But while he (St. Symeon’s elder, St. Symeon of Studion) was still alive he said that he had God wholly within himself, and after his death he shouted aloud that which he wrote with his own hand, “Gain God as your friend and you will not need the help of man…”, and again, “Gain God for yourself and you will not need a book.” This he showed by his deeds, as he wrote a book by his own efforts, or rather by the Spirit that dwelled within him (Rom. 8:11), though he had no literary education. (The Discourses Chap. VI, The Example and Spirit of Symeon the Pious)
If, dearly beloved, we comprehend faithfully and wisely the beginning of our creation, we shall find that man was made in God’s image, to the end that he might imitate his Creator, and that our race attains its highest natural dignity, by the form of the Divine goodness being reflected in us, as in a mirror. And assuredly to this form the Saviour’s grace is daily restoring us, so long as that which, in the first Adam fell, is raised up again in the second. And the cause of our restoration is naught else but the mercy of God, Whom we should not have loved, unless He had first loved us, and dispelled the darkness of our ignorance by the light of His truth. And the Lord foretelling this by the holy Isaiah says,
I will bring the blind into a way that they knew not, and will make them walk in paths which they were ignorant of. I will turn darkness into light for them, and the crooked into the straight. These words will I do for them, and not forsake them. And again he says,
I was found by them that sought Me not, and openly appeared to them that asked not for Me. And the Apostle John teaches us how this has been fulfilled, when he says,
We know that the Son of God has come, and has given us an understanding, that we may know Him that is true, and may be in Him that is true, even His Son , and again,
let us therefore love God, because He first loved us. Thus it is that God, by loving us, restores us to His image, and, in order that He may find in us the form of His goodness, He gives us that whereby we ourselves too may do the work that He does, kindling that is the lamps of our minds, and inflaming us with the fire of His love, that we may love not only Himself, but also whatever He loves. For if between men that is the lasting friendship which is based upon similarity of character notwithstanding that such identity of wills is often directed to wicked ends, how ought we to yearn and strive to differ in nothing from what is pleasing to God. Of which the prophet speaks,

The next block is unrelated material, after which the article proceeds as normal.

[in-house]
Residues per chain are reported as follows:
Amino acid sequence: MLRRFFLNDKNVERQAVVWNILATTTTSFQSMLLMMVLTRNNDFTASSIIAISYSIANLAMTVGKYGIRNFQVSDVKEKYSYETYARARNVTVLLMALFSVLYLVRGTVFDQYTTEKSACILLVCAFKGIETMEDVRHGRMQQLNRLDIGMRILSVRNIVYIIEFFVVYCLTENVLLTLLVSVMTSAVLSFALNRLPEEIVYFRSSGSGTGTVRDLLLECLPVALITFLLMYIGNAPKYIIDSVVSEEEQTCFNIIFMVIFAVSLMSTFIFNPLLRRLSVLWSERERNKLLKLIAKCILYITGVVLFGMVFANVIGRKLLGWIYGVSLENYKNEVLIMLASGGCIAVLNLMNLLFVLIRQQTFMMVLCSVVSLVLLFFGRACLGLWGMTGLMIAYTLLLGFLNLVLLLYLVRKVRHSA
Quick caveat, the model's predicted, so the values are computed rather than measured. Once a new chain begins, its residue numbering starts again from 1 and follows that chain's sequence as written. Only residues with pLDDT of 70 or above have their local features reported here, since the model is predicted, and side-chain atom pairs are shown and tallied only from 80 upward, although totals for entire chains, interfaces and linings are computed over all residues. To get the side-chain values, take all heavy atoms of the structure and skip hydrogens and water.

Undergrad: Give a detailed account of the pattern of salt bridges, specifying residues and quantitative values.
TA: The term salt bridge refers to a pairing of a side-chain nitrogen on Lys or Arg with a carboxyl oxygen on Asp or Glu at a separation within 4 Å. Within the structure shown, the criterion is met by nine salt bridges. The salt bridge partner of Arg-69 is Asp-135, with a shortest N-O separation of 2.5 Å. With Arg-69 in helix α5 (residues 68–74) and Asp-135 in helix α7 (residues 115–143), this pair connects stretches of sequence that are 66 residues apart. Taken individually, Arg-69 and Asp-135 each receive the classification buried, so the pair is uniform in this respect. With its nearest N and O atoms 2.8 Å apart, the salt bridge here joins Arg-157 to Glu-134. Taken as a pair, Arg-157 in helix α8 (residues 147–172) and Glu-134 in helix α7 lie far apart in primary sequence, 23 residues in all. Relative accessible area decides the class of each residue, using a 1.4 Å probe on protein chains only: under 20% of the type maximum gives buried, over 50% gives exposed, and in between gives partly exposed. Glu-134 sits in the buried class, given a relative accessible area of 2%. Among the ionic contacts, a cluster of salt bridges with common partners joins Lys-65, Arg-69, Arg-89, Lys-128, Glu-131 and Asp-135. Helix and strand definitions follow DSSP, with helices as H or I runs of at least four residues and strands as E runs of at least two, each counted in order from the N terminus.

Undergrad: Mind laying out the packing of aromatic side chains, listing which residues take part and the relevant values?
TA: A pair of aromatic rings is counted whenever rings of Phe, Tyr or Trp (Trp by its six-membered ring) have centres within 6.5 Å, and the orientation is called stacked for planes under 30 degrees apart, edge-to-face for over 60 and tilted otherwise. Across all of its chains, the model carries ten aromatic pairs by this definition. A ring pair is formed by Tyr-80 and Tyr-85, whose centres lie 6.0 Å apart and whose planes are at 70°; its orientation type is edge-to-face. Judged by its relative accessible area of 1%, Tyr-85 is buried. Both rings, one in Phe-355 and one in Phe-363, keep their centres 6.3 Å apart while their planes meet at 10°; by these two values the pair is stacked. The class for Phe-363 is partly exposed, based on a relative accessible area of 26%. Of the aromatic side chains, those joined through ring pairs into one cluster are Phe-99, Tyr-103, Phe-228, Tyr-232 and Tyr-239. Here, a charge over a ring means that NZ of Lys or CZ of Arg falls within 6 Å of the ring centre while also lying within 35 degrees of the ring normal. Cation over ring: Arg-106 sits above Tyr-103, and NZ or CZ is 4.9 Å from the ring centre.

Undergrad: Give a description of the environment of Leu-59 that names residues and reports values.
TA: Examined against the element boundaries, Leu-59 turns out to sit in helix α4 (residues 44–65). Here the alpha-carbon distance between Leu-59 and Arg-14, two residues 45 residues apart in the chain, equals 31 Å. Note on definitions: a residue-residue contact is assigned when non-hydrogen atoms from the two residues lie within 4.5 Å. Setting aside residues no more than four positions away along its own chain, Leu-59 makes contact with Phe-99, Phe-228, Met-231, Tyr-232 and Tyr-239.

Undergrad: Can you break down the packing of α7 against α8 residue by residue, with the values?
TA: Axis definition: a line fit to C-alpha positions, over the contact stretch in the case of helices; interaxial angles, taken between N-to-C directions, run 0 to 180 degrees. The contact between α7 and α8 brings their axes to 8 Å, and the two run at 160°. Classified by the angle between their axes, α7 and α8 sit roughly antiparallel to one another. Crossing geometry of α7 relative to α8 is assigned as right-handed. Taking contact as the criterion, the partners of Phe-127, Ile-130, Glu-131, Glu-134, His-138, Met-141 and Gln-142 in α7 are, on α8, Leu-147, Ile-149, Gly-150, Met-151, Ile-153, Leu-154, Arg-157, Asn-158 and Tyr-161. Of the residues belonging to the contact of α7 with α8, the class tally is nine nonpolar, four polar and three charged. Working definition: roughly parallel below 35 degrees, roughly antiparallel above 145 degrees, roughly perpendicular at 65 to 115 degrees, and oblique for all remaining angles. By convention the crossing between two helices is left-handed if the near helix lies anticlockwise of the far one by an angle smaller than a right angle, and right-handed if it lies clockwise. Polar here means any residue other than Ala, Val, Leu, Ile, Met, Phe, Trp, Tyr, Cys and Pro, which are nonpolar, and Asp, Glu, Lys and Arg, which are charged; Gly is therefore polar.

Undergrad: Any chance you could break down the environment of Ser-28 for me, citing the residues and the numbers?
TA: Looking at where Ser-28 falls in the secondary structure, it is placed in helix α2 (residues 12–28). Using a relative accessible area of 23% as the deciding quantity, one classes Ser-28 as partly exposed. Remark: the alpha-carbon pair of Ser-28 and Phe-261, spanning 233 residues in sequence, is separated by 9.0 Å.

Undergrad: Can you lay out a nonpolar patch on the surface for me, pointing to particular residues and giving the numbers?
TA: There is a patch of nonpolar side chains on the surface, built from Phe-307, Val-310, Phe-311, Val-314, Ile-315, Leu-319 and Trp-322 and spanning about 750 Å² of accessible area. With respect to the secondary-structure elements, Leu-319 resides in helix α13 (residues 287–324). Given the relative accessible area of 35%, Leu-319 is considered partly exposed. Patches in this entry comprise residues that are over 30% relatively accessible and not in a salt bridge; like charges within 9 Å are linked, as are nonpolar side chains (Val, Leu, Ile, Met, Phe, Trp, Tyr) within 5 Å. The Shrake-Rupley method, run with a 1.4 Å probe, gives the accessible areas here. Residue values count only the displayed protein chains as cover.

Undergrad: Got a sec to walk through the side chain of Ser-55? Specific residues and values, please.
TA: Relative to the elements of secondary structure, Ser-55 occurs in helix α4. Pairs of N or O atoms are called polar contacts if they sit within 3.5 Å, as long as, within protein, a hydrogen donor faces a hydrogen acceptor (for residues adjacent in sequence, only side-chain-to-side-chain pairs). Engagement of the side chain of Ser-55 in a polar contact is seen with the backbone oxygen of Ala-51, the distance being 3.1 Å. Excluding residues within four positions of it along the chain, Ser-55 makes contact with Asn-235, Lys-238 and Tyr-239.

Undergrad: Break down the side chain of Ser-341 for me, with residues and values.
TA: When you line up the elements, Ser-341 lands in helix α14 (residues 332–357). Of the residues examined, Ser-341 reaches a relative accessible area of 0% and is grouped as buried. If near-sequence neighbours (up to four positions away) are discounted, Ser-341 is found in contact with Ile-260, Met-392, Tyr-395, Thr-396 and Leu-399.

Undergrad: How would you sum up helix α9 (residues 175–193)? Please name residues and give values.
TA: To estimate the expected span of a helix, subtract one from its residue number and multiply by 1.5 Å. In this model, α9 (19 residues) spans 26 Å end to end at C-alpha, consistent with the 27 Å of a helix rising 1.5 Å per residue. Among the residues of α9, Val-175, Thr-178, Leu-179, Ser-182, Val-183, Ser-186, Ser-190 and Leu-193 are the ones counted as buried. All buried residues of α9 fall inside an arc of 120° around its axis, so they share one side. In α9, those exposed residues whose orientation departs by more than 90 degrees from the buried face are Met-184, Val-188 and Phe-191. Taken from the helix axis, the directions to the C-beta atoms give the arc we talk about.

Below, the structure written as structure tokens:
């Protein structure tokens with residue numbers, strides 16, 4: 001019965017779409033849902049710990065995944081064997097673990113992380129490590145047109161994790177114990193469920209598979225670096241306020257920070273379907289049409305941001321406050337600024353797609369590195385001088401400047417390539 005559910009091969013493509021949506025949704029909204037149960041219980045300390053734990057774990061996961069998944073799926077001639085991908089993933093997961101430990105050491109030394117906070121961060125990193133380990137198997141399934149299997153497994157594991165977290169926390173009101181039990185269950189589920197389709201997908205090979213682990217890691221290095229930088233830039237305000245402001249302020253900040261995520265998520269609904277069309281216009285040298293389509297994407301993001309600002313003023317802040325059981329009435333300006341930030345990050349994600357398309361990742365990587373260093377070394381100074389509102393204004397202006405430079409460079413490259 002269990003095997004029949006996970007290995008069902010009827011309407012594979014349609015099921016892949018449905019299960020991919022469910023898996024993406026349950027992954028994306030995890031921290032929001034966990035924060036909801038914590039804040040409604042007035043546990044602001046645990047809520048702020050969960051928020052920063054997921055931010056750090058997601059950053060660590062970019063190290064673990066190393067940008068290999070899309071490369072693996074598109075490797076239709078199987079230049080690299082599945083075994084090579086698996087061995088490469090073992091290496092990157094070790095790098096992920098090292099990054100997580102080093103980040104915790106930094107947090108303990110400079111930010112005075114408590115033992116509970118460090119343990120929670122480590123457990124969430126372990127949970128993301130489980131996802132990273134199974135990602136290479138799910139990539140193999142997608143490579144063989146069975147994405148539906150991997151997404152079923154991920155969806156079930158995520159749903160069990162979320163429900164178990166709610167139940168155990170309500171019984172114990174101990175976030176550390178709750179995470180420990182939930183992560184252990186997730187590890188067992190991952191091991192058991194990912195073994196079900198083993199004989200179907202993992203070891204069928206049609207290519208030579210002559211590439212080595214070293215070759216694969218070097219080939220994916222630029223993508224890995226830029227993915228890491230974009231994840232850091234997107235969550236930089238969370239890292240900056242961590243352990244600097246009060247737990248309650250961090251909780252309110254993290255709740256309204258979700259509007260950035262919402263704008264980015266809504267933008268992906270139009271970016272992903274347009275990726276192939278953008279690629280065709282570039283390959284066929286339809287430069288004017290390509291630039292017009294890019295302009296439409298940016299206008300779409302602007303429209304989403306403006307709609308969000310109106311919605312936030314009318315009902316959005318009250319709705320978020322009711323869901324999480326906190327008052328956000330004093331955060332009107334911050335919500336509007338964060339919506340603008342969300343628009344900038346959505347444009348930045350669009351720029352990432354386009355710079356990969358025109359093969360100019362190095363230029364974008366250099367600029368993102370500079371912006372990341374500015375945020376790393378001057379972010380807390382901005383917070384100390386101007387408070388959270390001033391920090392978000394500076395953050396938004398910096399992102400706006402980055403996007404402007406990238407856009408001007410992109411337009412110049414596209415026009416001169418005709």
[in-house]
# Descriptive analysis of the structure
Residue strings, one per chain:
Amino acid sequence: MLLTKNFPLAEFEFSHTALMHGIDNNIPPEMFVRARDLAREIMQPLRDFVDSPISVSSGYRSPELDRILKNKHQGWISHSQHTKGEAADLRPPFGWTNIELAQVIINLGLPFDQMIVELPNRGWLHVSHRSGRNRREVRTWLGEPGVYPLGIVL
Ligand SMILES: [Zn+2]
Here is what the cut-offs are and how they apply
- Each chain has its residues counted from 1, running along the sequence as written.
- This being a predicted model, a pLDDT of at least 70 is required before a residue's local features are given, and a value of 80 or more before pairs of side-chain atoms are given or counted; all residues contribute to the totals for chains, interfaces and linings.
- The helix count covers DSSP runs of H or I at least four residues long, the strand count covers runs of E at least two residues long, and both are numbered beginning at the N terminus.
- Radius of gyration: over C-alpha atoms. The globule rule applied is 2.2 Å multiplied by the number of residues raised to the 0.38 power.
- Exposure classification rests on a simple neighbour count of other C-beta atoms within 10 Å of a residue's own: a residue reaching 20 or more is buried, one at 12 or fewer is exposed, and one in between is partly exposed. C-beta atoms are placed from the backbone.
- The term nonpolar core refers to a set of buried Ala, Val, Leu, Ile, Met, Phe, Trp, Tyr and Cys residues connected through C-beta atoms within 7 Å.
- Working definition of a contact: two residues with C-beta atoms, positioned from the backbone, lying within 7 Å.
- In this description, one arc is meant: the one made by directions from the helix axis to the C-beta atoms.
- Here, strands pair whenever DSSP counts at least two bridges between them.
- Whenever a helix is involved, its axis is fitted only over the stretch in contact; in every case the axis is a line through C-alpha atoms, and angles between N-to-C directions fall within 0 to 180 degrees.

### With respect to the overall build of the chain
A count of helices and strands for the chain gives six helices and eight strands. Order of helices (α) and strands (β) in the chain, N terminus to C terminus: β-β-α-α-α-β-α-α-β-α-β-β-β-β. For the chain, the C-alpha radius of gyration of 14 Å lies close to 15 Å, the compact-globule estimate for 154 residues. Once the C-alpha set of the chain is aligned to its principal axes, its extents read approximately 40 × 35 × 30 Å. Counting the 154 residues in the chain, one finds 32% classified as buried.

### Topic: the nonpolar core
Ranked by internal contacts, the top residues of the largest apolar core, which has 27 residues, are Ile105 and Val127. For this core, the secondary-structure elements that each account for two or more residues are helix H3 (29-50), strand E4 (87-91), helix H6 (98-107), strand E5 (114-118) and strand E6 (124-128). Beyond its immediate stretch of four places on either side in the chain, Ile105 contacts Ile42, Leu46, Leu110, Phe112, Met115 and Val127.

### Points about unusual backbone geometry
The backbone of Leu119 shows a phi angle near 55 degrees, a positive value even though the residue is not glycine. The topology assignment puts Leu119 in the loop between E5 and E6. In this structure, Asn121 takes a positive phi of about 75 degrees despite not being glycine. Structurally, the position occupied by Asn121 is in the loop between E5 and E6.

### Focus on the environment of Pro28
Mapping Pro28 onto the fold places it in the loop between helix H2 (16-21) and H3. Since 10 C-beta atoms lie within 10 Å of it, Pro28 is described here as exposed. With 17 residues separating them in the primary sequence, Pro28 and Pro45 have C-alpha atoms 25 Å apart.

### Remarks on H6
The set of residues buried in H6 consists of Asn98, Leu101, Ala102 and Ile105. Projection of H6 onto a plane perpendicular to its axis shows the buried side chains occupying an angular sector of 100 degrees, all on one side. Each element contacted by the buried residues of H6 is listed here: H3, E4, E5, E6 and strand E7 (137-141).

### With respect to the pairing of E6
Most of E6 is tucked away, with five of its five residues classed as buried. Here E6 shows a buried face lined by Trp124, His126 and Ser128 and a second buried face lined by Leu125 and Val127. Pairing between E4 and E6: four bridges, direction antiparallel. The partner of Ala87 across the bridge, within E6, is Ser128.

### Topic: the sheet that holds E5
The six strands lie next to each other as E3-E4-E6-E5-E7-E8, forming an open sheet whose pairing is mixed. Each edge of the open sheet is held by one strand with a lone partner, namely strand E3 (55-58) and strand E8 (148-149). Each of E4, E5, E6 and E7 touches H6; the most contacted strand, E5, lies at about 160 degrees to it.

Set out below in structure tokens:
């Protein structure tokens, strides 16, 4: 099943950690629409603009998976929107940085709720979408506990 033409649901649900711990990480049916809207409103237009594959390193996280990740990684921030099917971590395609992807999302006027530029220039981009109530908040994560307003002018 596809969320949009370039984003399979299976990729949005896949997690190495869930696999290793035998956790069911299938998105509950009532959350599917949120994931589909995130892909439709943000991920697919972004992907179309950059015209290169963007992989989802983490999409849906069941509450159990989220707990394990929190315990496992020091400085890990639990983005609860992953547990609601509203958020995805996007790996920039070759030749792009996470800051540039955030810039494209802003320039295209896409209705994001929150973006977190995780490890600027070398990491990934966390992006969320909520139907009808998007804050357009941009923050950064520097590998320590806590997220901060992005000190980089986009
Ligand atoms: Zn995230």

for wrath is in His indignation, and life in His pleasure , because we shall not otherwise attain the dignity of the Divine Majesty, unless we imitate His will. (Sermon 12.1)
When you hear speak of the deifying energy of God and theurgic grace of the Spirit, do not busy yourself or seek to know why it is this or that and not something else; for without it you cannot be united to God, according to those Fathers who have spoken about it. Attend rather to those works which will allow you to attain to it, for thus you will know it according to your capacities; for, as St. Basil tells us, he alone knows the energies of the Spirit who has learnt of them through experience. As for the man who seeks knowledge before works, if he trusts in those who have had the experience, he obtains a certain image of truth. But if he tries to conceive of it by himself, he finds himself deprived even of the image of truth. He then puffs himself up with pride as if he discovered it, and breathes forth his anger against the men of experience as if they were in error. Do not be overcurious threrefore, but follow the men of experience in your works, or at least in your words, remaining content in the exterior manifestations of grace.
Deification is in fact beyond every name. This is why we, who have written much about hesychia (sometimes at the urging of fathers, sometimes in response to the questions of the brothers) have never dared hitherto to write about deification. But now, since there is a necessity to speak, we will speak words of piety (by the grace of the Lord), but words inadequate to describe it. For even when spoken about, deification remains ineffable, and (as the Fathers teach us) can be given a name only by those who have received it. (The Triads E. The Uncreated Glory 32)